A down-sized roster: Hey it’s all the rage elsewhere; maybe the Wilpons figure that fewer workers can handle the load and go with 23 players to do the work of 25. Don’t laugh; we older fans might recall the 1980’s when teams used a 24-man roster.

Future Shock: It would be a developmental disaster, IMHO, to push any of the prospects before their time, but perhaps Kirk Nieuwenhuis goes north as the 5th outfielder and someone like Robert Carson or Josh Edgin get the last bullpen spot. The Mets most likely plan to market the Harveys, Wheelers, etc. heavily in the coming months and it might be tempting to use one or more of these guys as teasers for the steady stream of good young players that they hope will soon follow. I don’t think that either Terry Collins or Sandy Alderson are in danger of losing their jobs, so they don’t have to promote any of these guys early to save their skins, a la Omar and Jerry with Jenrry Mejia. While I am intrigued by some of the Mets prospects, I really don’t want to see any of here until this September at the earliest.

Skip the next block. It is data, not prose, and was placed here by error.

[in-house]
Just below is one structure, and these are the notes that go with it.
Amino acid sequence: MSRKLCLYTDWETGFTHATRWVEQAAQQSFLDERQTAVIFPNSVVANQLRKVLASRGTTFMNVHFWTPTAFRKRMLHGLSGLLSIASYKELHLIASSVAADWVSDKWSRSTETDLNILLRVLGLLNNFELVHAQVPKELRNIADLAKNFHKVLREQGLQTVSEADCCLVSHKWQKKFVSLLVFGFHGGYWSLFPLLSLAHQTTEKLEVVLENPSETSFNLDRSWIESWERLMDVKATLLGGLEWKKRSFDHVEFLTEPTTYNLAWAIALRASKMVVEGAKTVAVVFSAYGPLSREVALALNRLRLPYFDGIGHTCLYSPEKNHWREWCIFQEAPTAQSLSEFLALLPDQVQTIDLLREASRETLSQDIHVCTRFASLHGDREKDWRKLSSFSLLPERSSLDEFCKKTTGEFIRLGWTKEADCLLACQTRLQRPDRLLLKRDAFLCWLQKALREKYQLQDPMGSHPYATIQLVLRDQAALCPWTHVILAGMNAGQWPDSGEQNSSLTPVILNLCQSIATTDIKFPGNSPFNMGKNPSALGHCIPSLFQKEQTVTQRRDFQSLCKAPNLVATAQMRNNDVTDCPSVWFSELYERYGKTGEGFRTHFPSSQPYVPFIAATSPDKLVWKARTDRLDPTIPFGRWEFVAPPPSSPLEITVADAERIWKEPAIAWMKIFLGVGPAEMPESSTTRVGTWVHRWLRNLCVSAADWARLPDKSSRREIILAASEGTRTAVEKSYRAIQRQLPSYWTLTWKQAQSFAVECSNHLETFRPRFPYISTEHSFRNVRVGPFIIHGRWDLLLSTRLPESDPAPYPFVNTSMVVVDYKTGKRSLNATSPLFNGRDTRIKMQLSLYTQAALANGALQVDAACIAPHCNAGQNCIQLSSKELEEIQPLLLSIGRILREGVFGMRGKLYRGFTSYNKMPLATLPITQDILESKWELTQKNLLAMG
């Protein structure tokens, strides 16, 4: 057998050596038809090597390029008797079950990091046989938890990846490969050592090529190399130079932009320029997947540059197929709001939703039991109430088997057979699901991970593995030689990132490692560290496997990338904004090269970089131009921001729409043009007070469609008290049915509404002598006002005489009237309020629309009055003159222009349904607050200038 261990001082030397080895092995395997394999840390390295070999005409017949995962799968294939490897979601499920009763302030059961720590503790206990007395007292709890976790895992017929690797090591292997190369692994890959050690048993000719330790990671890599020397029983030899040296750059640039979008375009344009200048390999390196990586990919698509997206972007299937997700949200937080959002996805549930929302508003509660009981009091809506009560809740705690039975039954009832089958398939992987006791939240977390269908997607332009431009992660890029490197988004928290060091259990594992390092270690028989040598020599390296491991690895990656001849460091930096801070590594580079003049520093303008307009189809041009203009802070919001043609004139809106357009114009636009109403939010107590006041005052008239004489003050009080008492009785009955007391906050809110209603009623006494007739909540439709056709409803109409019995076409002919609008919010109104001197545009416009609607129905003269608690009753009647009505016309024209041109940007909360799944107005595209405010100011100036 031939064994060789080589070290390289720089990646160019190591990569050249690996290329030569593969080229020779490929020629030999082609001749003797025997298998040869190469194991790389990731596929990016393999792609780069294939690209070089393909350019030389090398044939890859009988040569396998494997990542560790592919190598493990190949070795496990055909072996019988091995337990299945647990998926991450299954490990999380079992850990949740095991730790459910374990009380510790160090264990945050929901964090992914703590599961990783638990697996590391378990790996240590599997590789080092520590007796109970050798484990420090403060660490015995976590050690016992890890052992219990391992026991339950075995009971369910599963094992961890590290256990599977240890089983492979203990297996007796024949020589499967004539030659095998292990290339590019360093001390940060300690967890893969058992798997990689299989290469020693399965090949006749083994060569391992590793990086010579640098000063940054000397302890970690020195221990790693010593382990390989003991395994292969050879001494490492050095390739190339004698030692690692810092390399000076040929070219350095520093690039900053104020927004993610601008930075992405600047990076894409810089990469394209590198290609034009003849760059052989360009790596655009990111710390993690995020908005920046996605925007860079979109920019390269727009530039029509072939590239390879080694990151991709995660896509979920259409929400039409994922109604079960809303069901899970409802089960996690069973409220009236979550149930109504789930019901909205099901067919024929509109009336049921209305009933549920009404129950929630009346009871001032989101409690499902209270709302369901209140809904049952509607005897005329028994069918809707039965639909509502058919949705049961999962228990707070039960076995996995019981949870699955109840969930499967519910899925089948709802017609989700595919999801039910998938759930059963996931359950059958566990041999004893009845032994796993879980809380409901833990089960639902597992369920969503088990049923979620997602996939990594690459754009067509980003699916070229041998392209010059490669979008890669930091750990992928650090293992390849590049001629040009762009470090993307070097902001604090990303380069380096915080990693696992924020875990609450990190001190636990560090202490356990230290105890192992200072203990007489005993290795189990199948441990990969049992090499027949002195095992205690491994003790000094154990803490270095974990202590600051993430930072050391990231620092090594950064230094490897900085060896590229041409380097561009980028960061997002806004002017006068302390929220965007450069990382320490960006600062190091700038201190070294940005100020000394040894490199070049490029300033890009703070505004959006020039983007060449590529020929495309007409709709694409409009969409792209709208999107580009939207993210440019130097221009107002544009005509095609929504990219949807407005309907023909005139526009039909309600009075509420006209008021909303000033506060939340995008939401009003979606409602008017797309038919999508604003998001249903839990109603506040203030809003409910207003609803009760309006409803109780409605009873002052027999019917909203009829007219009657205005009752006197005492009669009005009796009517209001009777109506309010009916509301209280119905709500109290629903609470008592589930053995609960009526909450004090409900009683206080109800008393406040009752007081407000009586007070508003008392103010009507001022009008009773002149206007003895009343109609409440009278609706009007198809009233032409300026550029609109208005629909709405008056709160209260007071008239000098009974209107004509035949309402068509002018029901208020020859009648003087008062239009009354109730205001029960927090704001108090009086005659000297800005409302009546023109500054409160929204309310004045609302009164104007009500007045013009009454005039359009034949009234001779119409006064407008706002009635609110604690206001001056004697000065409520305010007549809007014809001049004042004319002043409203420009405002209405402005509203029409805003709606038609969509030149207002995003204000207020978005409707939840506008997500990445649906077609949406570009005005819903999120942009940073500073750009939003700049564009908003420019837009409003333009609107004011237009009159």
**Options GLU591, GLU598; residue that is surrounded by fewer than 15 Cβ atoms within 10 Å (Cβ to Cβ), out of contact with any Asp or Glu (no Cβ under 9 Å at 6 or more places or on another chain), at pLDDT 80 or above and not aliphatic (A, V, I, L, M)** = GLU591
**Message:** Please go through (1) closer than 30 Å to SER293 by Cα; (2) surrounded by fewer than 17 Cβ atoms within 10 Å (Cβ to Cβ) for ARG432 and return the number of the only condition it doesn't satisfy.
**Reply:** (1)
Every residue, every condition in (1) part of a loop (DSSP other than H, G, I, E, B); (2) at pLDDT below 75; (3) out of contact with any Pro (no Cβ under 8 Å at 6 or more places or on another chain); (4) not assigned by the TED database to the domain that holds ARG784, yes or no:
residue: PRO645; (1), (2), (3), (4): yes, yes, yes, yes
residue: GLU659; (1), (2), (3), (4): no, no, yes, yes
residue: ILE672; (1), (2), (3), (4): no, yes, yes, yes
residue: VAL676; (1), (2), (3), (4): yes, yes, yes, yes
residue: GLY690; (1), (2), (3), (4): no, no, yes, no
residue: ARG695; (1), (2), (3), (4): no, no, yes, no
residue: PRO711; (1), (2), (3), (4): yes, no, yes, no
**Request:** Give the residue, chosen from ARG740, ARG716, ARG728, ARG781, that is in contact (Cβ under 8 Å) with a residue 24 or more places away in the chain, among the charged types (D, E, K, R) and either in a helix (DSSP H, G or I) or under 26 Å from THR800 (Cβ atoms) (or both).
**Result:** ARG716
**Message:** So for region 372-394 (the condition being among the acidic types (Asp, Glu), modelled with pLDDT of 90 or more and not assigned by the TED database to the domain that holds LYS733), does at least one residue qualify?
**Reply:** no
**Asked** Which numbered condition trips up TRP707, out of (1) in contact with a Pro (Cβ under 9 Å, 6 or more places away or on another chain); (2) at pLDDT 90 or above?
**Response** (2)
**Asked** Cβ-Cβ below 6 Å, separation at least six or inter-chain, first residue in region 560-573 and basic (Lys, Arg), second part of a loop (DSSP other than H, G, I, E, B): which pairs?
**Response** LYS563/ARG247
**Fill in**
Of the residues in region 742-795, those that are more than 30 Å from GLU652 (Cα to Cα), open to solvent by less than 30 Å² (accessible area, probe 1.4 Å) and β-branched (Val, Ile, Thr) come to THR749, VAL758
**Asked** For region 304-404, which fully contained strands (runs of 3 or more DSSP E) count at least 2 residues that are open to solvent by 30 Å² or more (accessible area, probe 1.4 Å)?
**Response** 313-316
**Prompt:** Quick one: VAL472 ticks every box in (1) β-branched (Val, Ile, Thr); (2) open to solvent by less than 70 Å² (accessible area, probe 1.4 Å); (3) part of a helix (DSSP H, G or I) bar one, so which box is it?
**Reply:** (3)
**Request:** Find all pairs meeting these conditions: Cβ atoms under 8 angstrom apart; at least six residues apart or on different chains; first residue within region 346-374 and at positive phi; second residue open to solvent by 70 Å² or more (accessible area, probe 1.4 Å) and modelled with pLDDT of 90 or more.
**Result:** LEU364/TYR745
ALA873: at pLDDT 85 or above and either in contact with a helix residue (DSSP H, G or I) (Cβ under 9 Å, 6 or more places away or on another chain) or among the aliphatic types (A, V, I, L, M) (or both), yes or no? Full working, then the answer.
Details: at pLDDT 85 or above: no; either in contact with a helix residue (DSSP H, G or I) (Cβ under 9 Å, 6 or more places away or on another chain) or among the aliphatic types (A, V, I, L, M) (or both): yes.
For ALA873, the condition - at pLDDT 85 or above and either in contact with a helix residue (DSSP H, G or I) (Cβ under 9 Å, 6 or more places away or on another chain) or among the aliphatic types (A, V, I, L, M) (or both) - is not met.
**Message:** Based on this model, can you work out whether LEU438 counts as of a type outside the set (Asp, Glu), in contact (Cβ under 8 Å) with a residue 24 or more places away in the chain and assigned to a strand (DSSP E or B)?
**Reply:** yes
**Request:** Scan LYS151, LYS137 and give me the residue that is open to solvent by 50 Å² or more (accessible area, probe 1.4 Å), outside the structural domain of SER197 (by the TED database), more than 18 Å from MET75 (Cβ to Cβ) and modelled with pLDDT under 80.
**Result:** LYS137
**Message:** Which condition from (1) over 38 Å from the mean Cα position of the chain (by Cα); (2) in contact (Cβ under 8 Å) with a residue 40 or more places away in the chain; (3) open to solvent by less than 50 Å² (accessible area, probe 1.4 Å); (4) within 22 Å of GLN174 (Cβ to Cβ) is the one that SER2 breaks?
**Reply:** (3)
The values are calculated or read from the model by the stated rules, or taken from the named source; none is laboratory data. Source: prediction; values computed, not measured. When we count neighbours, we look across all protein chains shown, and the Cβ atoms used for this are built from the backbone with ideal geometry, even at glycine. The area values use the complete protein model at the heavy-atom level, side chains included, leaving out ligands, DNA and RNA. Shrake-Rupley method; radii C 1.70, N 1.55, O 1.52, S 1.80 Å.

Quad-A Blue Plate Specials: Sadly for us, I think this is the most likely scenario. Look to the bench for precedent. I am sure that Mike Nickeas is a wonderful person and has worked hard to get here, but there is nothing in his body of minor league work to suggest that he belongs on a major league roster. His main asset it appears is that he costs the major league minimum. So brace yourselves for the Home Opener tip of the cap from Chris Schwinden, or Jose Bautista, or Pedro Beato (still holding out hope for him), or Mike Baxter or Val Pascucci or Adam Loewen.

Will Work For Food: OK that isn’t funny, but perhaps a combination of investor money and some too-go-to pass-on players results in the late February minor league contract/spring training invite to some intriguing names. Imagine for example, Ivan Rodriquez coming to the Mets and pursuing his 3,000th hit. That might be the most interesting on-field development for the Mets in 2012. Even at .218 he out-hit Nickeas last year. Instead of Bautista, how about Brad Penny or Joel Pinero for the last pitcher’s spot? Not expecting great shakes, but I think I would rather see either of them start in place of Santana than I would Bautista. For the 5th outfielder, who about Rick Ankiel? I really like Lucas Duda but am concerned about a season-long force feed in right field. Ankiel’s arm makes him the perfect late-inning replacement. Too late now, perhaps, but I really wanted a grinder like Ryan Theriot at second. I just cringe every time I think of Murphy at second (and I am a Murphy fan).